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Folk Arts Foundation: Introducing the Turkish Cypriot Folk Dance (In Turkish)    
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Today’s A Journey through Aesthetic Realms will be presented in Turkish, with subtitles in Arabic, Aulacese (Vietnamese), Chinese, English, French, German, Hungarian, Indonesian, Japanese, Korean, Mongolian, Persian, Portuguese, Russian, Spanish and Turkish.

Greetings, spirited viewers, and welcome to A Journey through Aesthetics Realms on Supreme Master Television. The beautiful island country of Cyprus is a shining jewel in the Eastern Mediterranean. Besides pleasant weather and a gorgeous landscape, it is rich in history and culture.

Today, we will have a glimpse of the time-honored traditional Turkish Cypriot folk dance through our interview with the HASDER Folk Arts Foundation, a nonprofit organization based in the capital city of Nicosia. Let’s now meet some of the members of this vibrant group.

My name is Çise Zekai. Since 1993, I’ve been engaged in folk arts at HASDER. Besides folk dancing, I am busy with our various local music, dances and different activities for youth at our Foundation.

Hi, I’m Hasan Abohorlu. I’ve been working at HASDER for 28 years. I started in the children's group as a folklore dancer. Now I work as musician; at the same time I’m a member of the board at HASDER. My own profession is… I’m a civil engineer.

My name is Handan Nebih. I started as a dancer. I’ve been a member of the board. Maybe for 15 years I’ve been doing coaching.

My name is Eran Raman. I have a bachelor’s degree from the Ankara Conservatory. I play the flute. Here, I’m a member of the State Symphony Orchestra and an instructor at the Music Department of the East Mediterranean University.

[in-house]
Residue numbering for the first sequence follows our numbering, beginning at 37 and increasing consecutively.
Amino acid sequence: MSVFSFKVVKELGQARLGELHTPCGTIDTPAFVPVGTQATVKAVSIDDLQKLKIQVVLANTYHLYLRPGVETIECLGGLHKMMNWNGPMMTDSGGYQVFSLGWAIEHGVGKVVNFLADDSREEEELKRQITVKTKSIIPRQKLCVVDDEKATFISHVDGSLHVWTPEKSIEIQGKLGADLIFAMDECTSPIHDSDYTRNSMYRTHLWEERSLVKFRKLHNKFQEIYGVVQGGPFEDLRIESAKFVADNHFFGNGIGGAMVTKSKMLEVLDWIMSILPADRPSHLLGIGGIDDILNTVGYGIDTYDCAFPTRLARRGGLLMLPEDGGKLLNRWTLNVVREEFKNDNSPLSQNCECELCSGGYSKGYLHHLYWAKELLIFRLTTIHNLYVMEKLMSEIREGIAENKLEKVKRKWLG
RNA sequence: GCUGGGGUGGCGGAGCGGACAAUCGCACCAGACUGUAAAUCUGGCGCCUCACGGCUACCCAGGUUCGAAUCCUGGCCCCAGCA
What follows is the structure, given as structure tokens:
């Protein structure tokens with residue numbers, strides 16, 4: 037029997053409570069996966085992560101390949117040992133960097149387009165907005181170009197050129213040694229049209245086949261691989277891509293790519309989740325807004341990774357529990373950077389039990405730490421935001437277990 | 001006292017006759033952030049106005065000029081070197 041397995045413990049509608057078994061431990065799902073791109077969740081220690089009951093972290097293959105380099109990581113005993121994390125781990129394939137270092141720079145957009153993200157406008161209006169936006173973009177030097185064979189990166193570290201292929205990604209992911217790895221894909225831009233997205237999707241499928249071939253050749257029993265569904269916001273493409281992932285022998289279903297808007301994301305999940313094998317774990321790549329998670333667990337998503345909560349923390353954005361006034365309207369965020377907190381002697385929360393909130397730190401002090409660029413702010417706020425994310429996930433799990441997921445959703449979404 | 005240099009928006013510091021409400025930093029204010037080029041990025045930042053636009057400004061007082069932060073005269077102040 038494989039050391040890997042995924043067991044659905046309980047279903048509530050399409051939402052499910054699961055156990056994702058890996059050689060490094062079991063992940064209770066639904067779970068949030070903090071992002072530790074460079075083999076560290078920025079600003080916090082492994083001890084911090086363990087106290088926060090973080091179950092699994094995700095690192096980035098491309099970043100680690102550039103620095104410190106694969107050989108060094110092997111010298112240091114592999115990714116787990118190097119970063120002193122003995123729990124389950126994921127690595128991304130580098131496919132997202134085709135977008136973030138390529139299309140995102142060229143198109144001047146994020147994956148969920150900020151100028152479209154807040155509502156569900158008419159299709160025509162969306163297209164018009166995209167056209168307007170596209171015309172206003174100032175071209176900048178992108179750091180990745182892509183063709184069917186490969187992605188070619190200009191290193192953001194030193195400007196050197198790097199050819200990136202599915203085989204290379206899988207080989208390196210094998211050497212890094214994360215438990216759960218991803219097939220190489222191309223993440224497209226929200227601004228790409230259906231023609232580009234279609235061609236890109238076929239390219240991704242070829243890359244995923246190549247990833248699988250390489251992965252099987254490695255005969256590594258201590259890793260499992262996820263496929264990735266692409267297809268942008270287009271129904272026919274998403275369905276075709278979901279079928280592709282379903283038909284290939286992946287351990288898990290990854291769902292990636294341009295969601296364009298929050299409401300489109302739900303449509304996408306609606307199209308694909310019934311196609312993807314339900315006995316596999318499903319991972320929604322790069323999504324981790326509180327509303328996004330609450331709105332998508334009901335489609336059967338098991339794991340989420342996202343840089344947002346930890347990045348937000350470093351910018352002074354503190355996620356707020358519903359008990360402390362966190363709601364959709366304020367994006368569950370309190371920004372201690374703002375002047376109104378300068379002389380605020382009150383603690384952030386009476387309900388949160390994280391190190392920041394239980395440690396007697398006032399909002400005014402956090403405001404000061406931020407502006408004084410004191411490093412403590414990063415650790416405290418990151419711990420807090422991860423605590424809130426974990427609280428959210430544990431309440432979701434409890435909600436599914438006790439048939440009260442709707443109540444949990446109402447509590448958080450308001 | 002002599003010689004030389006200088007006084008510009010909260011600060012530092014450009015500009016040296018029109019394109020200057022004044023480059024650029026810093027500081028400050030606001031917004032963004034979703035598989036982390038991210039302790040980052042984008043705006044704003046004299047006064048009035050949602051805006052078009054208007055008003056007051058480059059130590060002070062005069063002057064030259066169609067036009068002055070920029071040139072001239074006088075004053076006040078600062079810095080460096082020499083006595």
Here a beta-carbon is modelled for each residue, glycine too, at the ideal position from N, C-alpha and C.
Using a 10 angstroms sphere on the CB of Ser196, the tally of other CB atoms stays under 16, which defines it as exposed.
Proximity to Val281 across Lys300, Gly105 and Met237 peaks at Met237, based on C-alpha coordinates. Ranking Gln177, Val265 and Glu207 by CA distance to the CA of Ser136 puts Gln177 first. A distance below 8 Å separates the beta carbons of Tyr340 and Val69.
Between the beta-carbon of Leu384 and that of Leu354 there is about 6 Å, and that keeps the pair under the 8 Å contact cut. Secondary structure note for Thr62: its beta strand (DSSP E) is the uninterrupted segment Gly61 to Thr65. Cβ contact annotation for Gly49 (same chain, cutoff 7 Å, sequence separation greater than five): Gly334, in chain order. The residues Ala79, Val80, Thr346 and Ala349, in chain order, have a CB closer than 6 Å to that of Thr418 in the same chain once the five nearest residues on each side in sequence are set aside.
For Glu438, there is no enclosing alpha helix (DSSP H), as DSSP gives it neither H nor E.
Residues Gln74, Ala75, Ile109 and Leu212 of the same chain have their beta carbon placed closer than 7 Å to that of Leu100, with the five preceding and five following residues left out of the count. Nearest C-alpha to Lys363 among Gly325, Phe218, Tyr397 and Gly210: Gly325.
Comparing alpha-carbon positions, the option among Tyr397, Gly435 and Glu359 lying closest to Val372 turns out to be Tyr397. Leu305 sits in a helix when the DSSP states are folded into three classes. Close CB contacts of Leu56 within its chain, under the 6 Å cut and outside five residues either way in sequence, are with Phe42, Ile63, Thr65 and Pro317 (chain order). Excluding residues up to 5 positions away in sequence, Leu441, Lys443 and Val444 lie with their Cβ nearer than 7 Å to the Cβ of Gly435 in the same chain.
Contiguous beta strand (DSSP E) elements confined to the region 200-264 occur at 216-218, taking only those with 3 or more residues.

Hi, I’m Pembe Gültekin. I’ve graduated from the Music Department of the East Mediterranean University. I received violin education there.

Ms. Handan kindly introduces to us how the dance company is organized.

HASDER has a children’s group. There is a group for tiny ones. We have a middle age group, high school group, and adult group. We have five groups.

Based in religious rituals, the improvisional Turkish Cypriot dances are an integral part of folk life and are performed at ceremonial occasions. To preserve and enrich this precious folklore, HASDER has conducted systematic research.

In 1981, with a group of friends, we felt a kind of void about folk dancing, about folklore. And together we started to do this. We started the dances. I was an active member of the board. We went to villages to collect the dances. We observed how our elders performed. Because we didn’t have any documentation of what kind of performances there were, what our ancestors, our elders performed. HASDER has researched these for a long time. We collected these and enhanced these dances.

In a Cypriot folk dance, men’s performance displays their strength and skill. The dancer makes crisp and loud finger snaps to match the beat of the music. Women’s dances, on the other hand, show their gentle styles.

This is the characteristic folk dance of Cyprus. The ones who perform more lively are men. Women are slower, they need to dance more slowly but while adjusting it to the stage, we make it a little more lively. Usually busy dances are for men; they give lively performances: steps, turnings, clapping, and so on.